It’s little surprise that James Skelly and The Intenders - the new solo project from The Coral’s frontman - are supported by fellow Wirral band The Sundowners tonight, as the headliners would be stuck for a guitarist and female backing singers if they didn’t bring them along.
The Sundowners aren’t mere hangers on, though. With two frontwomen lending the five-piece a distinctly Abba look, and a profligate number of distinctive Rickenbacker guitars on display, the band certainly look attractive, and they back these looks up with some confidently delivered, zinging Mersey-fied folk rock.
There’s nothing that sounds quite like the hit single that will launch them just yet, but they can take comfort from the fact The Zutons were in a similar position when they were supporting The Coral back in 2003, starting a career arc that would lead to that Amy Winehouse cover.
After this dash of glamour, James Skelly looks a little like a curmugeonly allotment holder, what with his brown cord hat and jacket, but the occasional terrier-like smile reveals he’s enjoying himself.
He told the YEP in a recent interview that he was looking forward to getting back on stage as “the songs really come to life live” and he wasn’t wrong.
After the opening track and current single You’ve Got It All - co-written with Paul Weller and not without a hint of Style Council to it - the band launch into Do It Again, a track which, on record, is a standard soulful blues soul, but live is something far more vivid and contagiously energetic.
Sticking with the recently released debut album, Love Undercover, the band power through Sacrifice, Searching For The Sun, Set You Free and Here For You, before dipping back into The Coral back catalogue for tweaked versions of Liezah and Gypsy Market Blues.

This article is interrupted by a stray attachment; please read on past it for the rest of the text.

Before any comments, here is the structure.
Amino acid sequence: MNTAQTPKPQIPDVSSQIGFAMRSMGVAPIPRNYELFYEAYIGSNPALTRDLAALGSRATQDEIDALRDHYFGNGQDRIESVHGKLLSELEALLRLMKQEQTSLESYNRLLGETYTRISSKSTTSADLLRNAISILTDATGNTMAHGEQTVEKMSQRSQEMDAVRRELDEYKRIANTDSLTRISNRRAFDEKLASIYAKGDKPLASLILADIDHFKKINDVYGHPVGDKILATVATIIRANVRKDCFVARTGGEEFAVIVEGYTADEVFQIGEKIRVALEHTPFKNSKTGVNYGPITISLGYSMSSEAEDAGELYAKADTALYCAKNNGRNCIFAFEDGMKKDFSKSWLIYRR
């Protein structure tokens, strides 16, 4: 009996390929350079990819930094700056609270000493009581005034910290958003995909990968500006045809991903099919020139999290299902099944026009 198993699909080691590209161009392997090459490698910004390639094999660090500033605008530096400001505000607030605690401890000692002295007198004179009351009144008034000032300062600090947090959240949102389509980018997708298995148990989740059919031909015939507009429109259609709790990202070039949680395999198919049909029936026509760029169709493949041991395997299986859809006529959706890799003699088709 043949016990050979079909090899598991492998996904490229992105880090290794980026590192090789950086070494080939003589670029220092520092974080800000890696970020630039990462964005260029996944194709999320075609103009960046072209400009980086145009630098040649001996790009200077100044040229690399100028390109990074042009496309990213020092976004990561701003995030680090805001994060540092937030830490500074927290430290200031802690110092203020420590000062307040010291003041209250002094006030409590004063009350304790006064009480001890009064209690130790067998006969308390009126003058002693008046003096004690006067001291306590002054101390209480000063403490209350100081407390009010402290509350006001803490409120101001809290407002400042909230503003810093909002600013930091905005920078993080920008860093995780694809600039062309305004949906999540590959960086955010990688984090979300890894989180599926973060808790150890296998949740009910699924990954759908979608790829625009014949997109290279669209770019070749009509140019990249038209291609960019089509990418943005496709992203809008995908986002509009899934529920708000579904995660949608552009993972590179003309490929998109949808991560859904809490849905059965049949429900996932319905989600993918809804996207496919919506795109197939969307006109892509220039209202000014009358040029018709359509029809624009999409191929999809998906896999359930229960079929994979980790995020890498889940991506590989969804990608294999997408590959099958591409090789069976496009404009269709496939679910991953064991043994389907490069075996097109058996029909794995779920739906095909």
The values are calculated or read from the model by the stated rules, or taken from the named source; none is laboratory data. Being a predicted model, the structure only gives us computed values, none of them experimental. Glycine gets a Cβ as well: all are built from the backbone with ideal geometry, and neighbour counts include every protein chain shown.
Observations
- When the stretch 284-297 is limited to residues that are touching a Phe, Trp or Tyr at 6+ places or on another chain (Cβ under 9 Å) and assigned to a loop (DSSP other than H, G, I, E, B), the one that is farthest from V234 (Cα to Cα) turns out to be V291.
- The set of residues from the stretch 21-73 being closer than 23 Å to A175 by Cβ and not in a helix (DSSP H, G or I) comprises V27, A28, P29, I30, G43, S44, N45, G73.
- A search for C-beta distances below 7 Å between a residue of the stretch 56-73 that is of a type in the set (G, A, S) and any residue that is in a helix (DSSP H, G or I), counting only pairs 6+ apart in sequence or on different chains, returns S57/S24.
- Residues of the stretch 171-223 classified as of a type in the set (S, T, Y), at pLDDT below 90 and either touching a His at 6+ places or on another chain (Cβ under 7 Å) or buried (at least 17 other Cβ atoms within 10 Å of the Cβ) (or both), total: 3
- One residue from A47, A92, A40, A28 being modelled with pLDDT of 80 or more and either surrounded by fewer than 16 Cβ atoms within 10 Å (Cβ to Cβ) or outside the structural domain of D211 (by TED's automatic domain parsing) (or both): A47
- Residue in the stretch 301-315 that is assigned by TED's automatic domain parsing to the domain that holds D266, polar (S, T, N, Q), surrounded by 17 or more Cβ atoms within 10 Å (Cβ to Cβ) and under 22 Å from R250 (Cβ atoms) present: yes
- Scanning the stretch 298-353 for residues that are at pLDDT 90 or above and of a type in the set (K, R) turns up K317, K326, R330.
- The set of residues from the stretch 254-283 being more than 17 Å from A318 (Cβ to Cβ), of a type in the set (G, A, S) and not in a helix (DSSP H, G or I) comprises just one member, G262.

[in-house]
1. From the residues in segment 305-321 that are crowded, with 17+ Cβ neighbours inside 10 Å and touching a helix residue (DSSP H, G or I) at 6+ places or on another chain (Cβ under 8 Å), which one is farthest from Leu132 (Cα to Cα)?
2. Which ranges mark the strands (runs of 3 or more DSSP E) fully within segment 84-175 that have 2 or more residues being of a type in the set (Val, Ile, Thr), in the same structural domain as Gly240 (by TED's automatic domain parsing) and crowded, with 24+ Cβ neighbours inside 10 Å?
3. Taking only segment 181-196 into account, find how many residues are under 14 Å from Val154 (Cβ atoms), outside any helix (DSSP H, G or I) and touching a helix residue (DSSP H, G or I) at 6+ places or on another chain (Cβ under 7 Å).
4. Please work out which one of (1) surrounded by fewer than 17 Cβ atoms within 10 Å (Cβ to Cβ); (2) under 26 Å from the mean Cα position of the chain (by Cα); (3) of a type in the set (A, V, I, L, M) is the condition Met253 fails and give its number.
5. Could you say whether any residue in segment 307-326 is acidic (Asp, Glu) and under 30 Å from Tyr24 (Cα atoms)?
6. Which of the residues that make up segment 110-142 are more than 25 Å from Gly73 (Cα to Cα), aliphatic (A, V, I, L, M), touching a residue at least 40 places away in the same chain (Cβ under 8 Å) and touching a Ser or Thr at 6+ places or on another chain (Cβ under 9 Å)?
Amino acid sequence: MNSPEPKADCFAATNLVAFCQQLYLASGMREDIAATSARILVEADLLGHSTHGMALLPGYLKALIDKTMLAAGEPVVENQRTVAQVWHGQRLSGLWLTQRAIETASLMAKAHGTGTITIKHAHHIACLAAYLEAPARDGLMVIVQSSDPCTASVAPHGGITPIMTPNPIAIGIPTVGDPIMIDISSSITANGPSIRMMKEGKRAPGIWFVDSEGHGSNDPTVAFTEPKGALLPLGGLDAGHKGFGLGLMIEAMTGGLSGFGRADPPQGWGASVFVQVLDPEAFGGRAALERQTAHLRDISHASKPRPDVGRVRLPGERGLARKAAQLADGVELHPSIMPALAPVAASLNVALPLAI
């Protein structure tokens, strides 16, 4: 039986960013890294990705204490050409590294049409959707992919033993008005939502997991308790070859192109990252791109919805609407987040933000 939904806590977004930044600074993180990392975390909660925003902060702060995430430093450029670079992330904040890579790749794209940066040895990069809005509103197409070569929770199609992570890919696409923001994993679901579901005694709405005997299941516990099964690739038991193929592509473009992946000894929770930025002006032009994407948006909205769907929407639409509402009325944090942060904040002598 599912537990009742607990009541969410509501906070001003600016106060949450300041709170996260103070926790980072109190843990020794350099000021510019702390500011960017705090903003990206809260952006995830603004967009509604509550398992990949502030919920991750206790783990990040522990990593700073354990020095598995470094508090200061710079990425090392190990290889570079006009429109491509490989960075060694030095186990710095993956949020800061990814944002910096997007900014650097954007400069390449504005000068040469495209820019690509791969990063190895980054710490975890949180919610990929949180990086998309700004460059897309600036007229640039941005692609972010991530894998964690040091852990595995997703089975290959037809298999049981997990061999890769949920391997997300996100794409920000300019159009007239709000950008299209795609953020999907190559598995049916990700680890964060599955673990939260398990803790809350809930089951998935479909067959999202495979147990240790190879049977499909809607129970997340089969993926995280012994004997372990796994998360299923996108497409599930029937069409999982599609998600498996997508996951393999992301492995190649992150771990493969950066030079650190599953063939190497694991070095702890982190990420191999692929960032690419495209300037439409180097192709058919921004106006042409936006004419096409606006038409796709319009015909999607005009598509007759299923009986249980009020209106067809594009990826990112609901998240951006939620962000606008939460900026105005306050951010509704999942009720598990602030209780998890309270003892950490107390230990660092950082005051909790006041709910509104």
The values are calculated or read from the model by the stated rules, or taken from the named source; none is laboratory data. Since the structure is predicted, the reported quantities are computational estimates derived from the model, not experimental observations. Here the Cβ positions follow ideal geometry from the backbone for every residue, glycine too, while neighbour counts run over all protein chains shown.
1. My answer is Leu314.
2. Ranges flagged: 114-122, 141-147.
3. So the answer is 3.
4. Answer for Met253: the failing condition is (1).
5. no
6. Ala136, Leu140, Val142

Shadows Fall, from The Coral’s 2002 debut album gets more than a mere tweak, pleasingly reworked as a chilled dub reggae number.
After that, Skelly drops a powerful cover of one of his favourite songs, Ray Charles’s I Don’t Need No Doctor, before the band take new song You And I and drive it to a suitably frenetic conclusion before disappearing off stage.
In the encore, Skelly revisits one of The Coral’s sweeter songs, Jaqueline, before a voice in the crowd requests one The Coral’s earliest songs, Skeleton Key, leading a perplexed looking Skelly to lightheartedly admonish, “Skeleton Key? You should’ve been there at the time.”.
He’s not entirely reluctant to visit past glories, though, as the band then deliver a rapturously received take on 2002 hit single Dreaming Of You.
The front of the crowd is bouncing by this point, and they keep on moving as Skelly belts out Ben E King’s Stand By Me, worked into such a feelgood frenzy that the dancing doesn’t even stop when the band finally leave the stage, the audience happy to groove to the soundman’s choice of Arthur Conley’s Sweet Soul Music.